Hypoxia and Other Stresses
Both laboratory and clinical strains of Mtb, when exposed to in vitro hypoxic condition were found to accumulate ILIs (Garton et al., 2008). ILIs were observed in bacilli in both NRP (non-replicating persistence) 1 and NRP 2 stages corresponding to 1 and 0.06 % oxygen saturation, respectively. M. bovis BCG accumulates TAG during entry into hypoxia-induced dormancy and enhances its TAG hydrolytic activity up on exit from dormancy, suggesting the significance of TAG for dormancy and reactivation of mycobacteria (Low et al., 2009).
Mtb, when subjected to combined stresses in vitro consisting of low oxygen, high CO2, low nutrient and acidic pH, accumulated TAG and wax ester (Deb et al., 2009). The bacilli also stopped replicating, lost acid-fastness, and showed phenotypic drug tolerance. Oxidative stress by H2O2, and sublethal concentrations of isoniazid in the culture medium induced ILIs in clinical Mtb strains but not in the laboratory strain H37Rv. Too low iron in the medium induced ILIs in clinical strains as well as H37Rv (Vijay et al., 2017). Iron depletion in the medium led to increased abundance of DAG, TAG and wax esters in Mtb (Bacon et al., 2007). Mycobactin containing microvescicles secreted by Mtb grown in low iron medium were enriched in DAG and TAG as well as phosphatidylethanolamines (Prados-Rosales et al., 2014). We have reported decreased release of nile red staining microvesicles from a deletion mutant of Rv3371, a possible tgs, grown in low iron medium (Rastogi et al., 2017). An increased accumulation of DAG and TAG in the mycomembrane could occur prior to budding of microvesicles, which are induced by low iron and other yet unidentified conditions. Actual role of these acylglycerols in the mycomembrane is worth investigating.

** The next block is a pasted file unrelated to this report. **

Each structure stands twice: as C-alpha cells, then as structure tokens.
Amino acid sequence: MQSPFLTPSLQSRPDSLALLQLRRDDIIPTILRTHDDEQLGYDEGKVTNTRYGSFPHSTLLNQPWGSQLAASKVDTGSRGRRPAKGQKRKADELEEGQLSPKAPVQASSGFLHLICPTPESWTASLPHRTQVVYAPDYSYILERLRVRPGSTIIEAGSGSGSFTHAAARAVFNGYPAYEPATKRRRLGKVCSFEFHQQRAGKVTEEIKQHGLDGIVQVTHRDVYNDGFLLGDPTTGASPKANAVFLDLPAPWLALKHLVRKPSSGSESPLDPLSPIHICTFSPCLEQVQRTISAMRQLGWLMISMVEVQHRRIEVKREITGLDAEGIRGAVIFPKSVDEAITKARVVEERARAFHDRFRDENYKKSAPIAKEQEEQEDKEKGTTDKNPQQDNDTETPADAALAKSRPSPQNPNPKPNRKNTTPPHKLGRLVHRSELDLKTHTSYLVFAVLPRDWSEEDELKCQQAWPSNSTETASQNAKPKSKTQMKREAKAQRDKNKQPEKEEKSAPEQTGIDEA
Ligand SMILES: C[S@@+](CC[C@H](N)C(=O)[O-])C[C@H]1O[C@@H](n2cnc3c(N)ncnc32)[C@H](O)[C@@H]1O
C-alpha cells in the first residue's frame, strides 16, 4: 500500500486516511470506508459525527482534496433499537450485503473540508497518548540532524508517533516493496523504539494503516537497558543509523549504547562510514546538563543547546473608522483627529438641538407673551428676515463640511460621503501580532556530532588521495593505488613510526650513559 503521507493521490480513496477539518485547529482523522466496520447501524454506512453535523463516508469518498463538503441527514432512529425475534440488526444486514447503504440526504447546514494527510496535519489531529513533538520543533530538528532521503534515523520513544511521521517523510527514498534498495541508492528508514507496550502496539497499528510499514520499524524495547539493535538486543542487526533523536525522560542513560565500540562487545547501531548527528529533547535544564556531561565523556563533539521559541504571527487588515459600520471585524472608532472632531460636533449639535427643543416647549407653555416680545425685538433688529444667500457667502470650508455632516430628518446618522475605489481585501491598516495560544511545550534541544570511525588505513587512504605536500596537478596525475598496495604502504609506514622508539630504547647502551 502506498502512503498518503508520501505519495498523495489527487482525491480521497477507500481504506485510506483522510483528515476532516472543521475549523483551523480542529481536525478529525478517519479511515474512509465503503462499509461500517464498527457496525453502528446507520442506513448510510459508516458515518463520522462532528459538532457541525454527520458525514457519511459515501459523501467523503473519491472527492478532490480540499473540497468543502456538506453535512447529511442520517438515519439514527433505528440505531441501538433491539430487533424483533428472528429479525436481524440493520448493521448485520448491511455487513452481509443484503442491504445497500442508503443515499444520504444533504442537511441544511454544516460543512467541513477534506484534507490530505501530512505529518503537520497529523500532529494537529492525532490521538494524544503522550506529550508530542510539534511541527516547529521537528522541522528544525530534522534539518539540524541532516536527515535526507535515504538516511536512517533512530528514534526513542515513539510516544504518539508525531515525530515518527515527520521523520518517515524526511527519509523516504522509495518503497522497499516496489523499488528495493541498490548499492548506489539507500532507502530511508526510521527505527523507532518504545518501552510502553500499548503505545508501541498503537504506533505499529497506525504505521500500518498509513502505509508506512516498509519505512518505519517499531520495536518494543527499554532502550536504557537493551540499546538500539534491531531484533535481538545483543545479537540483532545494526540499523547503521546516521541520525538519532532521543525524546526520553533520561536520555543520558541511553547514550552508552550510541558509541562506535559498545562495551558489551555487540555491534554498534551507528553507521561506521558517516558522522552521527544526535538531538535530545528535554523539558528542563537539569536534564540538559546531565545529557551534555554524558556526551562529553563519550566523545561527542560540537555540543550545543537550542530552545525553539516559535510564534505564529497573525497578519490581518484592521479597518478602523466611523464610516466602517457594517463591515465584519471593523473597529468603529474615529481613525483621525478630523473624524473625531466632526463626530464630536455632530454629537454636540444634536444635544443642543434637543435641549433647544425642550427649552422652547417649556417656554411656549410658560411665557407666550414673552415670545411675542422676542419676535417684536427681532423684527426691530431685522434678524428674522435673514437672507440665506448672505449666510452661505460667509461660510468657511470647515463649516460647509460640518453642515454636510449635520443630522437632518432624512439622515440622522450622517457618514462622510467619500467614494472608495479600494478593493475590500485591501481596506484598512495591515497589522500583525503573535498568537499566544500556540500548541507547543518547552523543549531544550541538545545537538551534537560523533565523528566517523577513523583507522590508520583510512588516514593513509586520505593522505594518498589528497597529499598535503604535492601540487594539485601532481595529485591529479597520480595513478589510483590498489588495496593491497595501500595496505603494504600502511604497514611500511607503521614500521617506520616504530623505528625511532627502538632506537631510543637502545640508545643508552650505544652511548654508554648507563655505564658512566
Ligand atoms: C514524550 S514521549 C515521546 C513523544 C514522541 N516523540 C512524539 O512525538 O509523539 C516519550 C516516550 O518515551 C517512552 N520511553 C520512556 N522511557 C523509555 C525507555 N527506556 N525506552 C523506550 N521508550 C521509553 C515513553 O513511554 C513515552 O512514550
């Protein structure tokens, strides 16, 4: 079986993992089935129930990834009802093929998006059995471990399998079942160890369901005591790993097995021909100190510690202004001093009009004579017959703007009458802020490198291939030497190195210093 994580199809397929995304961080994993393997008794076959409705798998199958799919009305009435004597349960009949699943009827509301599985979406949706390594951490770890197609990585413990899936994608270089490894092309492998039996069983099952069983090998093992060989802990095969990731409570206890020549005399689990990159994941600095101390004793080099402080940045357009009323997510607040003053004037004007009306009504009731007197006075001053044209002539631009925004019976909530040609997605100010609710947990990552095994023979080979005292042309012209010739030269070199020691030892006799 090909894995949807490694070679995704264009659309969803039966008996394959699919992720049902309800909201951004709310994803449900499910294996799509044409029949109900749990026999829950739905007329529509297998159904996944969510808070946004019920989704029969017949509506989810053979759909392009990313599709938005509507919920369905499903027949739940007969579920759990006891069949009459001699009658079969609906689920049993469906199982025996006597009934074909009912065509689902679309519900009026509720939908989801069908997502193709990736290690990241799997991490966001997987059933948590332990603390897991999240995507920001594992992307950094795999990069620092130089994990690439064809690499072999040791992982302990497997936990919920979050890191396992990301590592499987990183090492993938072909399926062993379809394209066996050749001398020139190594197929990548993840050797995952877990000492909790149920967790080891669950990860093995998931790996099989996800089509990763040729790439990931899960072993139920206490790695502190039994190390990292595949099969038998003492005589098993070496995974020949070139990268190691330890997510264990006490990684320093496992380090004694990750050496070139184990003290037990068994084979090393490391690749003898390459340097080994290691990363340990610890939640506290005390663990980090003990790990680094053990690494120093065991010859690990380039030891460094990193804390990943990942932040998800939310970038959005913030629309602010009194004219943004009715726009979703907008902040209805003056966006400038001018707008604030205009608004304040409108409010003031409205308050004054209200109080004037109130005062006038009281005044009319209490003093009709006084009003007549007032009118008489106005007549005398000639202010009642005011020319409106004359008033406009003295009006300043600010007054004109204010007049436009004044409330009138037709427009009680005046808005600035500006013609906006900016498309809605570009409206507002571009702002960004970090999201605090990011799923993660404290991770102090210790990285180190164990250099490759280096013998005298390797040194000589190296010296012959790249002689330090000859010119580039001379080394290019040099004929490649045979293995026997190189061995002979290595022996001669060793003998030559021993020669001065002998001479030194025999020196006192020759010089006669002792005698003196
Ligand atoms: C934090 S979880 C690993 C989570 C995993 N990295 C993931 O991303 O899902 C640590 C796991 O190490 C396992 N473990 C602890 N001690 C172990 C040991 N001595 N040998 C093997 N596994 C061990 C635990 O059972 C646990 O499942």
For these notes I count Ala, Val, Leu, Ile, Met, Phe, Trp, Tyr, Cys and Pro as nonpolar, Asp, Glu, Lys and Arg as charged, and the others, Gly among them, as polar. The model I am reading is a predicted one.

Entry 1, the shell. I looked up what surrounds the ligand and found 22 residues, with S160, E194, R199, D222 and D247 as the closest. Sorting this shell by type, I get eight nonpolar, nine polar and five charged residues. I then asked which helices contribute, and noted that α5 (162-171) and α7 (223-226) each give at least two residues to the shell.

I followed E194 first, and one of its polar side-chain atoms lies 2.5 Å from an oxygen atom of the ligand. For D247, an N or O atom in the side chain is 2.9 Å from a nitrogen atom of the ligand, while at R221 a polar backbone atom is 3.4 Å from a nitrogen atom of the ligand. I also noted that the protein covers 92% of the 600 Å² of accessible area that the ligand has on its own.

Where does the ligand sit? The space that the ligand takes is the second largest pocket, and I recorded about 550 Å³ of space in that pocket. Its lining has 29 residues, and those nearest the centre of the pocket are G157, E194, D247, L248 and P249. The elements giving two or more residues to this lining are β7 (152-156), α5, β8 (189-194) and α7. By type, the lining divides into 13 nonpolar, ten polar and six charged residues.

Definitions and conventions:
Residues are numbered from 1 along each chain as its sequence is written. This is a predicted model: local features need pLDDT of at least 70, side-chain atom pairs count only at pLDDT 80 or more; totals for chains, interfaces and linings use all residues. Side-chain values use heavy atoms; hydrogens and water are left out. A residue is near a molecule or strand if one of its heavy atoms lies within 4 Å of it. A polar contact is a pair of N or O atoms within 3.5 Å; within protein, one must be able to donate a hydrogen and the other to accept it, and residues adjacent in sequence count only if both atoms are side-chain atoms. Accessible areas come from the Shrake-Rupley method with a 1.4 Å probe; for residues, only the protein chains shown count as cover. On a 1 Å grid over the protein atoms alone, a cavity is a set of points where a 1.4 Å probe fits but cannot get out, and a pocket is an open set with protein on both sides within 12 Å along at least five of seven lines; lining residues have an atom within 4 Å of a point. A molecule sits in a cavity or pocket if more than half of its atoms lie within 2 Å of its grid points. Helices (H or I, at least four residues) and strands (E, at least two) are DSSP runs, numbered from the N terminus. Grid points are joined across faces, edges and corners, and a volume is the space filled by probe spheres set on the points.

Potential factors inducing TAG synthesis, possible pathways leading to TAG formation and the fate of TAG in mycobacteria are summarized in Figure 1.
Implications of Inhibiting TAG Synthesis in Pathogenic Mycobacteria
TAG synthesis is likely important to Mtb in at least three ways: (1) storage of carbon and energy for use during persistence and reactivation (Low et al., 2009; Galagan et al., 2013), (2) reduce the toxic burden of free fatty acids causing the reductive stress (McCarthy, 1971; Weir et al., 1972), and (3) reduce the carbon flux through tricarboxylic acid cycle and thereby arrest growth and acquire antibiotic tolerance (Baek et al., 2011). Hence ideally inhibiting TAG synthesis should interfere with dormancy, persistence, survival in a lipid-rich microenvironment, and antibiotic tolerance. Another unexplored role of TAG for mycobacteria is linked to its presence in the mycomembrane (Ortalo-Magné et al., 1996; Bansal-Mutalik and Nikaido, 2014). Interrupting TAG transport from cytoplasm to mycomembrane led to reduced virulence of the Mtb strain in mouse (Martinot et al., 2016).